Northern ice field

(b) Monitoring of presence of persistent organic pollutants (POPs) in the air: Information on POPs; Booklet on POPs. With climate change POPs are being

released from melting glaciers. The POPs sampler of the Project is one of several deployed in the Baker basin under the EULA-Chile (Concepcion) research project. Part of a broader programme including Argentina, Brazil, Chile, Ecuador and Peru.

(c) Studies of tourism impact on the valley’s biotopes.

(d) Testing heavy metals and other pollutants in the waters within the area.

(e) Analysis of power supply management and other operational issues.

II. 3 Active Nature-friendly projects on Biotic factors:

(a) Most important: scientific aspects of reforestation and ecosystem restoration, in particular Nature-friendly planting protocols.

(b) Monitoring  of climatic conditions in the valley: weather station of the project. Important for monitoring of weather and climate conditions for reforestation and tree growth, weather records of the last 17 years, and in future.

  1. (c)Monitoring of living conditions and good food chains of wildlife and identification of present species with sensor cameras, wildlife marks studies, footprints and scanners, in cooperation with local Conaf.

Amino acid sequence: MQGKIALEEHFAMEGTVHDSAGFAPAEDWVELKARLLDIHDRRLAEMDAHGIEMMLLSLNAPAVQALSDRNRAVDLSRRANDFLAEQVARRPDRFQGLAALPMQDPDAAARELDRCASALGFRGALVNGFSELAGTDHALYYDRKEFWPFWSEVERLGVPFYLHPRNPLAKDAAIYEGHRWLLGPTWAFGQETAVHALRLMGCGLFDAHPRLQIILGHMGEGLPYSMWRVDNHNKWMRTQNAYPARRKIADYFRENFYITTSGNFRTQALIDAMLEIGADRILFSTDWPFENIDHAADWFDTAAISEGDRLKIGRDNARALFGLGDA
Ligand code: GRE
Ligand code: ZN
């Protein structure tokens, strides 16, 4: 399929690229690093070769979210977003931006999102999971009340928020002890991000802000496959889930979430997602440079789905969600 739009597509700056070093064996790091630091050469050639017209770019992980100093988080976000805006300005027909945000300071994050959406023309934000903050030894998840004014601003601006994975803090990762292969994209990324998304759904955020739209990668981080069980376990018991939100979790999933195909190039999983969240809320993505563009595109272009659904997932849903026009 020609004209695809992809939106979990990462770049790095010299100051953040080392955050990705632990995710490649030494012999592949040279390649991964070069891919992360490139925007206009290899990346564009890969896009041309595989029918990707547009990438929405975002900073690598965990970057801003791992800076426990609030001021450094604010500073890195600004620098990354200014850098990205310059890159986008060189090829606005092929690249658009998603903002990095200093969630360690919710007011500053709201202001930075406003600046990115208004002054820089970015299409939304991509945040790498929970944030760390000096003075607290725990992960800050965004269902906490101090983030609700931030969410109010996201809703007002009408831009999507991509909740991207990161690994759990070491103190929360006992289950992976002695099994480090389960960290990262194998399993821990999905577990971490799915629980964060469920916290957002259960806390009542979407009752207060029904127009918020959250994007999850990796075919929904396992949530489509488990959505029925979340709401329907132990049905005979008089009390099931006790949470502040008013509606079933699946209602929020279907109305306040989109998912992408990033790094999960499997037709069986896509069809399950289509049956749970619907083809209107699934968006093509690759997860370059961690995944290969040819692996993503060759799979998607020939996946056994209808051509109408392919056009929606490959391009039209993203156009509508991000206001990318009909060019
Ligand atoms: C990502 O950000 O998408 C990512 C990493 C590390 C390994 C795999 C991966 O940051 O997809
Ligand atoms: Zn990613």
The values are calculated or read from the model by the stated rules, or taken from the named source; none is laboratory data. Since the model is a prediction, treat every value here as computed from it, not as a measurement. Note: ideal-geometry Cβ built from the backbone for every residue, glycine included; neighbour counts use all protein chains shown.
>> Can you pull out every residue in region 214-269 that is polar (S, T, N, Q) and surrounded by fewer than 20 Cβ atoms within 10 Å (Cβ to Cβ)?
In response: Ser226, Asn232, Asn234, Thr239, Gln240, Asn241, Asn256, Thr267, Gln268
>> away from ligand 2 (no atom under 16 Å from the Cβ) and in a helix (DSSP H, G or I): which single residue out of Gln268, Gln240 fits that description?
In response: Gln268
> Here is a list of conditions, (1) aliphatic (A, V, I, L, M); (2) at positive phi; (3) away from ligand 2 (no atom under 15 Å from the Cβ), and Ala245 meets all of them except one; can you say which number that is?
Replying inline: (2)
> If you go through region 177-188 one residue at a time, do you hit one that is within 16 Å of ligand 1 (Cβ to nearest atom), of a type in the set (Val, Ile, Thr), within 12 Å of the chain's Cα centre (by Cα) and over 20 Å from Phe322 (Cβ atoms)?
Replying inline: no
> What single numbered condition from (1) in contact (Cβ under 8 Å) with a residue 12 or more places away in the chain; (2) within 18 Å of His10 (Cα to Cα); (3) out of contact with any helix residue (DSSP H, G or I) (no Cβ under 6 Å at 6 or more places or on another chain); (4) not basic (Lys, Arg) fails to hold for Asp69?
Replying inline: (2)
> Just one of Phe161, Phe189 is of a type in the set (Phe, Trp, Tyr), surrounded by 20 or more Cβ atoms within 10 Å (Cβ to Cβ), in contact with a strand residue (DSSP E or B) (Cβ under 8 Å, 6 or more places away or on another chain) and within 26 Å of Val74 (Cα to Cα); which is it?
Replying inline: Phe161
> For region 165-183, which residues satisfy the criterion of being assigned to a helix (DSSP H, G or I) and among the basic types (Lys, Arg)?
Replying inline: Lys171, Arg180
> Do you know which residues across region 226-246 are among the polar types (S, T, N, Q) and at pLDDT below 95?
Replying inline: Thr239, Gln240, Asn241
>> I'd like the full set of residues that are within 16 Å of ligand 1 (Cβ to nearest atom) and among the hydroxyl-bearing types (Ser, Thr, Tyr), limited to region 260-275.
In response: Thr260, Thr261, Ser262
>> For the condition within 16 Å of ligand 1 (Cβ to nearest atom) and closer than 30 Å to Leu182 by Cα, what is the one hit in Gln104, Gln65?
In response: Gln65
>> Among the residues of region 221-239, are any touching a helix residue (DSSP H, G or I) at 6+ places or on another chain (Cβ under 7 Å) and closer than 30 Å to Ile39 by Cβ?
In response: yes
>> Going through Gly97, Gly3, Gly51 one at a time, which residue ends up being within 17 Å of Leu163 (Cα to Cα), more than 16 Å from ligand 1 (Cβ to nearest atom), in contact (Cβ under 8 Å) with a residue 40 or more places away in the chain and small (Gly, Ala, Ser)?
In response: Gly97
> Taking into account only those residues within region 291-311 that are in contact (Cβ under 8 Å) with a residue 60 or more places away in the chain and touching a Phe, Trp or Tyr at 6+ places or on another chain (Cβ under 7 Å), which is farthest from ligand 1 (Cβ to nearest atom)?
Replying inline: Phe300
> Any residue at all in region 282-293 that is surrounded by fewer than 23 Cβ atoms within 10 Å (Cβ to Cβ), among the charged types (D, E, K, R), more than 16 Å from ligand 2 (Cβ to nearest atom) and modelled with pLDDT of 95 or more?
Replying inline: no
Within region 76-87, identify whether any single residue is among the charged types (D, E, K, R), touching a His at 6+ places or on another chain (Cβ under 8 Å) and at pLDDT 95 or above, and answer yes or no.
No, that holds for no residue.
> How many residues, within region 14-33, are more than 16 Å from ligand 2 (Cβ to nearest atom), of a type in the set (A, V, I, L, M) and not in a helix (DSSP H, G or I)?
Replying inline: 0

(d) Identifying the age of trees burned in 1939. (e) Homeopathic treatments of trees.

“Nature is the source of all true knowledge. It has its own logic, its own laws. It has no effect without cause,

and no invention without necessity”,

“Nature is full of infinite causes that experience has never demonstrated”,

Leonardo da Vinci


  1. The easiest and least expensive expedition would be to evaluate the biodiversity of species whose specimens are stored in museums. Samples that have not been described were collected between a few months ago and 140 years ago. It takes an average of 9 years for a specimen to be described and published.

  2. “The risk of amnesia can be engendered in the scientific world by the immediate availability of the most recent part of the scientific literature. This induces a form of laziness which means that the researcher does not always return to the sources”,  Antoine Danchin, Pasteur Institute.

  3. “Like parrots, we repeat the story that nature reserves are created for science, and in order to love nature, we need to study it (no one believes it any longer), and at the same time we are embarrassed or afraid to confess our feel of wilderness as of a sacred space”,  a land steward of a strict nature reserve, 2000.

Great comic re: science - Rat Park

  1. It is necessary to preserve the information, not to dig or unearth, or to dissect. That's how we preserve cultures and nature - belief of the peoples of Altai.

"... locking himself in a narrow specialty, which avoids the lively and multi-stream course of life and develops in its possessor an indifferent and even contemptuous attitude to everything that lies outside his area. Under the influence of all this, interest in the past and faith in future are lost ”, A lawyer, XIX century.